Large-scale electrification faces many obstacles, including high upfront costs to retrofit industrial energy systems, utility rates that do not incentivize fuel switching, and the aging, unprepared utility grid. If grid planners are not prepared for industrial demand growth, there is a greater risk of adding polluting and expensive power plants to the system to meet new demand—plants that may quickly become stranded assets—and for slow timelines for upgrading transmission and distribution infrastructure to delay industrial electrification progress.

Our new brief calls for federal, state, and local policymakers, utilities and grid planners, and utility regulators to overcome these barriers by ramping up pilots and demonstration projects across all industrial sectors, providing additional government incentives to counterbalance high upfront costs, modernizing electricity rate structures, and regionalizing grid policy strategies to account for economic, regulatory, and geographic variation in energy systems.

Utility regulators have an essential role in supporting this transition

Utility regulators must be at the forefront of this important transition. They are in a key position to instruct utilities to collaborate with industries to unlock electrification at scale and to direct utilities to update planning processes to meet climate and energy affordability goals. Meeting future demand growth without increasing utility bills for other customers or reducing grid reliability will require forward-looking resource planning and fair, just, and reasonable compensation for the benefits that flexible industrial loads can provide to the grid. Here are three key actions that utility regulators can take today:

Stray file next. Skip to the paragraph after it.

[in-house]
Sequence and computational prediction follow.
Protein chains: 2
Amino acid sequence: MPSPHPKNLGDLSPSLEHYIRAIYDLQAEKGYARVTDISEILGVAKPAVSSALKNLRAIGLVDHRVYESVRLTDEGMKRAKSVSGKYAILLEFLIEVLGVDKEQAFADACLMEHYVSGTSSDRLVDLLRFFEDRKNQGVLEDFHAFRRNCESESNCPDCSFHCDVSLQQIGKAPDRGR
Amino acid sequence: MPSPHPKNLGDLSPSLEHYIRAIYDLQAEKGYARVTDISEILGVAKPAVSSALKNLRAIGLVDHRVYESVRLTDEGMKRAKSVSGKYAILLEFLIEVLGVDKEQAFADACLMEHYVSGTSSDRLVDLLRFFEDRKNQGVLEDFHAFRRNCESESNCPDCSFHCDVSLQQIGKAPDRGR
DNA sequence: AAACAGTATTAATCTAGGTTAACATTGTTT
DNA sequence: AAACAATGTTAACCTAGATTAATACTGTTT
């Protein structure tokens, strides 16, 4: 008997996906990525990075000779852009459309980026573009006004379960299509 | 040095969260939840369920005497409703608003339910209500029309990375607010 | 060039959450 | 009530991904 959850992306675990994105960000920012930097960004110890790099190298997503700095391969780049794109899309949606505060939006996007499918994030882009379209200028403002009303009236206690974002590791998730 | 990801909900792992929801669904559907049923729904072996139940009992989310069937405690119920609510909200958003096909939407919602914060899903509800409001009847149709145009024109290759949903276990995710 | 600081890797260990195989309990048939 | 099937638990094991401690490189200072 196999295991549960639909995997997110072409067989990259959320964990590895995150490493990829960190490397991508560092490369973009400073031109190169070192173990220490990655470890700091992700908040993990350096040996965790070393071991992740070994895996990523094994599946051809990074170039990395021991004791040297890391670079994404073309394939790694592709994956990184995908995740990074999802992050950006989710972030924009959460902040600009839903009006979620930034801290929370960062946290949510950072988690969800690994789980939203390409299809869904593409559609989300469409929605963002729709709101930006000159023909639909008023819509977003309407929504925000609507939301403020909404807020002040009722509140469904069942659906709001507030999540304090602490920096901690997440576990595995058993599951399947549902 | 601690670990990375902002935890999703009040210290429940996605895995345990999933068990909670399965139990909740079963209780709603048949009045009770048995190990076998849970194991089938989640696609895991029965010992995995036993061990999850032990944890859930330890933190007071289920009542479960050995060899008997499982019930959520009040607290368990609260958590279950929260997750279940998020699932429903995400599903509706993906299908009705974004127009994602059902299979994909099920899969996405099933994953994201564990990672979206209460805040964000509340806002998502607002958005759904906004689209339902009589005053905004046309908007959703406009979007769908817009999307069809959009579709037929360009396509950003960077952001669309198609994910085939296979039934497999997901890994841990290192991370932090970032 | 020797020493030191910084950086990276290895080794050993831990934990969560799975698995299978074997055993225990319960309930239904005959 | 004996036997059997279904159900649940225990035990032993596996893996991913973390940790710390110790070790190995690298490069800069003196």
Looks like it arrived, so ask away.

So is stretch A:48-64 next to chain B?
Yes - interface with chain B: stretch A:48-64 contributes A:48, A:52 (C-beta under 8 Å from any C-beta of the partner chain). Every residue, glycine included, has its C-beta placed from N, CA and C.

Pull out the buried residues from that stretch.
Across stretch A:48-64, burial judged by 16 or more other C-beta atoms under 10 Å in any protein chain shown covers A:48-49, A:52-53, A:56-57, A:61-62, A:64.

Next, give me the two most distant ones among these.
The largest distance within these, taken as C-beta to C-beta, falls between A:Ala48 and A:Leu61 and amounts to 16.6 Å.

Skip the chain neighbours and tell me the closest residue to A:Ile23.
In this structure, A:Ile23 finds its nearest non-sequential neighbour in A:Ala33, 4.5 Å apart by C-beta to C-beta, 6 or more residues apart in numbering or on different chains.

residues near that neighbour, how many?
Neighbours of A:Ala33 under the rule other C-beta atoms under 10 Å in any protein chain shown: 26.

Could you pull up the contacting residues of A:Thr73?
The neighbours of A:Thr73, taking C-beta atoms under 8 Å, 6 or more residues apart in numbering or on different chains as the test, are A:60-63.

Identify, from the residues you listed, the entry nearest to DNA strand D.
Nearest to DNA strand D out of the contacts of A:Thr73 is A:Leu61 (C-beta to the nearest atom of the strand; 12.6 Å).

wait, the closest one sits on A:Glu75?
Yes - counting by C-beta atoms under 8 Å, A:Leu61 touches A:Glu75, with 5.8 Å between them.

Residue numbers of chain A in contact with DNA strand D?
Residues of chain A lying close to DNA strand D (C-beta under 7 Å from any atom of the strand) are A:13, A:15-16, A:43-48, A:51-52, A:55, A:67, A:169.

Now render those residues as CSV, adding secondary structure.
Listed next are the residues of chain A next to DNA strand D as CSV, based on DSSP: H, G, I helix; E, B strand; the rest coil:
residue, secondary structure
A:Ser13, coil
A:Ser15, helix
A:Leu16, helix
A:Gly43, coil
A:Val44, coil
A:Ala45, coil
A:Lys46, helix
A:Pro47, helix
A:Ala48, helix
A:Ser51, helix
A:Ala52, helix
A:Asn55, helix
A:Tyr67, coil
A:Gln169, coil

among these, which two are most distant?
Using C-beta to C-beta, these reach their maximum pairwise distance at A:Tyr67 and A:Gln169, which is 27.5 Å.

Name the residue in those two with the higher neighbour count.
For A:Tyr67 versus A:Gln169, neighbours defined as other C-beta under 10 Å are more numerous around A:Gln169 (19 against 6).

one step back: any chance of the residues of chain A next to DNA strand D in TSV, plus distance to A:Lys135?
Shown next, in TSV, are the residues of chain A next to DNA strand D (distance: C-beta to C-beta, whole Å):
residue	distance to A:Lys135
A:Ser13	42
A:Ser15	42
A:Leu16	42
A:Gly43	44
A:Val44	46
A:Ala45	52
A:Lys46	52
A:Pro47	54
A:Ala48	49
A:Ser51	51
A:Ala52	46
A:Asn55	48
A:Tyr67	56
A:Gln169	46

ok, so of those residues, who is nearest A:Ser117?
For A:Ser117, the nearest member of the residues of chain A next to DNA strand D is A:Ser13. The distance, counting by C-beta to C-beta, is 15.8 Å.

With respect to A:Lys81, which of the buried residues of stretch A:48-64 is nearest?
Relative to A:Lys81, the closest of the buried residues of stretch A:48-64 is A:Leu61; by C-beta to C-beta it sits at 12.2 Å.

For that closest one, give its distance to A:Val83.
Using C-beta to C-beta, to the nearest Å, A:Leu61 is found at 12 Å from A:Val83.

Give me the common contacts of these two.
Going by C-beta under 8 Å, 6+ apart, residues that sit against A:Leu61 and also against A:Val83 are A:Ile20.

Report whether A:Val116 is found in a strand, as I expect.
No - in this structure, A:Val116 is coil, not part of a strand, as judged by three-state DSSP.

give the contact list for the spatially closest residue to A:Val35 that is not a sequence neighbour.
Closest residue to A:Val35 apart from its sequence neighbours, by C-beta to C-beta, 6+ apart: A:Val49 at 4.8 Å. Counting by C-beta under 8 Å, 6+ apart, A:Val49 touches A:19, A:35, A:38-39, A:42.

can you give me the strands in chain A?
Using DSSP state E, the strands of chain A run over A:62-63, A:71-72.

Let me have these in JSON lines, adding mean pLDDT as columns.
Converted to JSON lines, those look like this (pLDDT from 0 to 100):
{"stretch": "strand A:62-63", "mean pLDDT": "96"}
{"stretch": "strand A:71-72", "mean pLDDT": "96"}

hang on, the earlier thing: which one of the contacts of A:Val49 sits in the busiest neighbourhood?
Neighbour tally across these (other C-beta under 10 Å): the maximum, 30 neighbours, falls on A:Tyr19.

• Direct utilities to incorporate industrial electrification into their planning. The scope of industrial electrification is still emerging, but it is important for utilities to engage industrial customers, transmission operators, the federal government, and other state agencies (e.g., commerce and economic development) to develop realistic scenarios for size and location of these loads. Regulators should direct utilities to update their integrated resource and system plans regularly as the market evolves.
  • Review utility rates to encourage industrial electrification while adhering to cost-of-service principles. These rates should ensure that industrial customers are fairly compensated for the grid services that they can provide, including their ability to defer or avoid transmission and distribution upgrades through non-wires alternatives.
  • Review utility interconnection procedures and protocols. Industrial facilities are often ready to electrify before utilities can connect them to an updated grid. Regulators need to ensure that interconnection occurs without delay and provide certainty to the customer on schedules for establishing or expanding service.

A domestic manufacturing sector reliant on clean electricity for process heat will be better for the environment, more resilient, and more competitive. Now is the time to design the U.S. power system of the future, with policymakers at all levels supporting utilities and industries to collaboratively explore innovative solutions.